Our Katahdin/Dorper crossbred sheep are the cornerstone of Grazing-Based Viticulture. For the last 20 years, we have been working to cross these breeds to capture the exceptional lamb quality, hardiness, mothering instincts, and lamb vigor of the Katahdin with the shorter stature and meatier frame of Dorper. We are slowly building our own line of genetics that physically suit the vineyard while also being low-maintenance and capable of producing exceptional lamb on a pure grass diet.
Ovines rely on a rich population of digestive microfauna in their four stomachs to break down cellulose-rich diets. Each stomach has specific fermentation cultures for different forages in different stages of digestion – in short, each sheep is like a mobile micro-brewery. Collectively, they consume many tons of atmospherically captured carbon in the form of vineyard floor forage, which is then converted into microbially inoculated and nutrient-rich feed for the vineyard. These digestive inoculants, combined with cycles of root growth and die-off, have led to a singular evolutionary arc in the microbiome of our soils, yielding startling results.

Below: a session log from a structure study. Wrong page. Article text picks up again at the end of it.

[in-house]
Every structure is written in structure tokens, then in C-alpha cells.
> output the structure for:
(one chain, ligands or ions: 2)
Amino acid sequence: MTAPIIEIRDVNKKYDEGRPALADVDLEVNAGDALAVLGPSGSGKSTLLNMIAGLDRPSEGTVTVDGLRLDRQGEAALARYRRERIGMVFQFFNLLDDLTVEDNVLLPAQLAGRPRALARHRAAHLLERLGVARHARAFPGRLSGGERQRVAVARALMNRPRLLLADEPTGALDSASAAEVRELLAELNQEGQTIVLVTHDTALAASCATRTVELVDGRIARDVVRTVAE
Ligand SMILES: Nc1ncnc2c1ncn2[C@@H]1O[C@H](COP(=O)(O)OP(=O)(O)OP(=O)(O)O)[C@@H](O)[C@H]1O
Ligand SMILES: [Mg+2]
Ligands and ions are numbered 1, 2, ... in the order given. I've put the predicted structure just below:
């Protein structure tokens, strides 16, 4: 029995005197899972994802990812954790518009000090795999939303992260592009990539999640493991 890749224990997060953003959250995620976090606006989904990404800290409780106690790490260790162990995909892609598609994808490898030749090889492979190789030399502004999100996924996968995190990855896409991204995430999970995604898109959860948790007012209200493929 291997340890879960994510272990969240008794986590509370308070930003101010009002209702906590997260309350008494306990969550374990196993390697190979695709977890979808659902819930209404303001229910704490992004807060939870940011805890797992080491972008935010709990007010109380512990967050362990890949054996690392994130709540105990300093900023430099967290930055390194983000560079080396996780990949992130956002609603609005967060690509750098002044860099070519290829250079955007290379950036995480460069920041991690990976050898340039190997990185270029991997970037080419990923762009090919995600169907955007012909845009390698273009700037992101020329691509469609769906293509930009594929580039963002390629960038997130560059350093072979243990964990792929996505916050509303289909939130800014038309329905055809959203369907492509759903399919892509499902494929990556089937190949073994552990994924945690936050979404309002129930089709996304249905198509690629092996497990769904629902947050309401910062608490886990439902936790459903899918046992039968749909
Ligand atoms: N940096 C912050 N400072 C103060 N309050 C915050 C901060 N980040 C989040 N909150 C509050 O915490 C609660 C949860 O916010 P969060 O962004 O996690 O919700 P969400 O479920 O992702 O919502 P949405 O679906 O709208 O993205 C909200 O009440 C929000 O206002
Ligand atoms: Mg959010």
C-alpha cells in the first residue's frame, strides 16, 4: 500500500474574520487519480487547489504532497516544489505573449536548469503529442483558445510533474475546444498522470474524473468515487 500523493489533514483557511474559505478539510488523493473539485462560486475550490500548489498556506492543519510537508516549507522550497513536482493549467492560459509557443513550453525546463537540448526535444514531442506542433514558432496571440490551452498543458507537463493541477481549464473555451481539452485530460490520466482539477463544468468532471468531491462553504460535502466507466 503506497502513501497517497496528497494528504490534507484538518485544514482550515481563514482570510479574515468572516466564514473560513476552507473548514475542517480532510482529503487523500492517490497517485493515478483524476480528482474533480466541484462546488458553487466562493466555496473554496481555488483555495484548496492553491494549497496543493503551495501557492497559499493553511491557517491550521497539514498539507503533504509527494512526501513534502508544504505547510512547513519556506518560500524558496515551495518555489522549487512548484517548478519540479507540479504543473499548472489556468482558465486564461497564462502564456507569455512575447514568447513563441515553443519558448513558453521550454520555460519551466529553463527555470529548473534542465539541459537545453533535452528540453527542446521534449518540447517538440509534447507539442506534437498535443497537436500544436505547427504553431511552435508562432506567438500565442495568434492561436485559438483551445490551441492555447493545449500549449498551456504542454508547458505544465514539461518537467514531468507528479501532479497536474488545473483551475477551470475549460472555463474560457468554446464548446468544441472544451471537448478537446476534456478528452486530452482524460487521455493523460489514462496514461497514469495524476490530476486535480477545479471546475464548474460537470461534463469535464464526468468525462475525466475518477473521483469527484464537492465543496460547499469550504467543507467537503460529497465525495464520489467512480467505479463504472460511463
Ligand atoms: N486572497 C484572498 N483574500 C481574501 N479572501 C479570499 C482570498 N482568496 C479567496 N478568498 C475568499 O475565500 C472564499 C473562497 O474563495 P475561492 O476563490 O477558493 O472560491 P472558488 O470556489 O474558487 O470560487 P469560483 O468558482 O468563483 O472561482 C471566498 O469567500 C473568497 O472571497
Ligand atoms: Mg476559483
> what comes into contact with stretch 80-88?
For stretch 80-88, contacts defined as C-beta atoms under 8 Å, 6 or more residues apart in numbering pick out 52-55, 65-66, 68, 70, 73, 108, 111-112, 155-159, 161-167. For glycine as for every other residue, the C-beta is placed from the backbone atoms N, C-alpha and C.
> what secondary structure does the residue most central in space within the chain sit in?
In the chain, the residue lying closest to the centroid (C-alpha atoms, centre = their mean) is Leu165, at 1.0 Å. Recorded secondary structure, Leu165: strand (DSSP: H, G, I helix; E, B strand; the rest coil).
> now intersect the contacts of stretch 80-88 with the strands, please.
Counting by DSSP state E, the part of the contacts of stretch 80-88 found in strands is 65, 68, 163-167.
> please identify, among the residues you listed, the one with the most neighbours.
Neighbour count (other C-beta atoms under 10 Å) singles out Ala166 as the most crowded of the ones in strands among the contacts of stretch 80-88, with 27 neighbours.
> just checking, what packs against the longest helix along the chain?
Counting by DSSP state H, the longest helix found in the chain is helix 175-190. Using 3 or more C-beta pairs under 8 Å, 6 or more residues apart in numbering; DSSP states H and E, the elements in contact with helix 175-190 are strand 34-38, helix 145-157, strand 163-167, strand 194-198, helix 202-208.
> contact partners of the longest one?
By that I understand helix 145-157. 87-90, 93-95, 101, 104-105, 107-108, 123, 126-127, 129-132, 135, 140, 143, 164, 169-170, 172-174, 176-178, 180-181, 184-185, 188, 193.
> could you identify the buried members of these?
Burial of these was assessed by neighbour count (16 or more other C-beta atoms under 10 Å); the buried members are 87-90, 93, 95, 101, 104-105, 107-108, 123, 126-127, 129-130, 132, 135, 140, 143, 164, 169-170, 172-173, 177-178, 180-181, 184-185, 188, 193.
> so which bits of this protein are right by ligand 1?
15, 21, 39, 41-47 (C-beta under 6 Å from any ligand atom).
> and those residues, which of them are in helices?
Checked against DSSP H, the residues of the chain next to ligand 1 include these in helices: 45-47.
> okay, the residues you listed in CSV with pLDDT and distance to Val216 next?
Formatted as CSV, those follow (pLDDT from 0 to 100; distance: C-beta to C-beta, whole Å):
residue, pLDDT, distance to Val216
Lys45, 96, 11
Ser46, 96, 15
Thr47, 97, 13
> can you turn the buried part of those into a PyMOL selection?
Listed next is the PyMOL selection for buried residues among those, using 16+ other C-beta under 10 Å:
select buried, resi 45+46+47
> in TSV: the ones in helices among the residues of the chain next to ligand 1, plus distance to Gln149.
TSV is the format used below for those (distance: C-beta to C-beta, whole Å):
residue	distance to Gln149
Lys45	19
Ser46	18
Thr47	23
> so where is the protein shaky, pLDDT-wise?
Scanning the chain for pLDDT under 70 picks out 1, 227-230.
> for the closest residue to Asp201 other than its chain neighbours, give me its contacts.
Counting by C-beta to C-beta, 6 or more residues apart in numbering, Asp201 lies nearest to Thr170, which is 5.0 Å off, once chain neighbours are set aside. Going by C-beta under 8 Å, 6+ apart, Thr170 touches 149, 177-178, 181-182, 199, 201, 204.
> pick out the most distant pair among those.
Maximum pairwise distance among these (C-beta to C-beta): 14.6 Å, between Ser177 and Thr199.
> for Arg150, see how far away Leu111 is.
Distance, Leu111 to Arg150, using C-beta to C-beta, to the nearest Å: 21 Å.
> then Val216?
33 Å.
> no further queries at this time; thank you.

The peak of the lambing season will see our flock swell to around 100 sheep. We time our lambing season to make optimal use of the lush, new grass growth that comes in April, May, and early June. Lambs are born in February and are weaned by late April. Changing populations to accommodate shifts in resources allows the farm to breathe with the seasons and is one of the most important functions of managing a self-sustaining grazing system. While integrating livestock into a vineyard system is extremely labor intensive, we believe it is a critical component in the creation of a vineyard that clearly and authentically expresses an articulate and unique voice.
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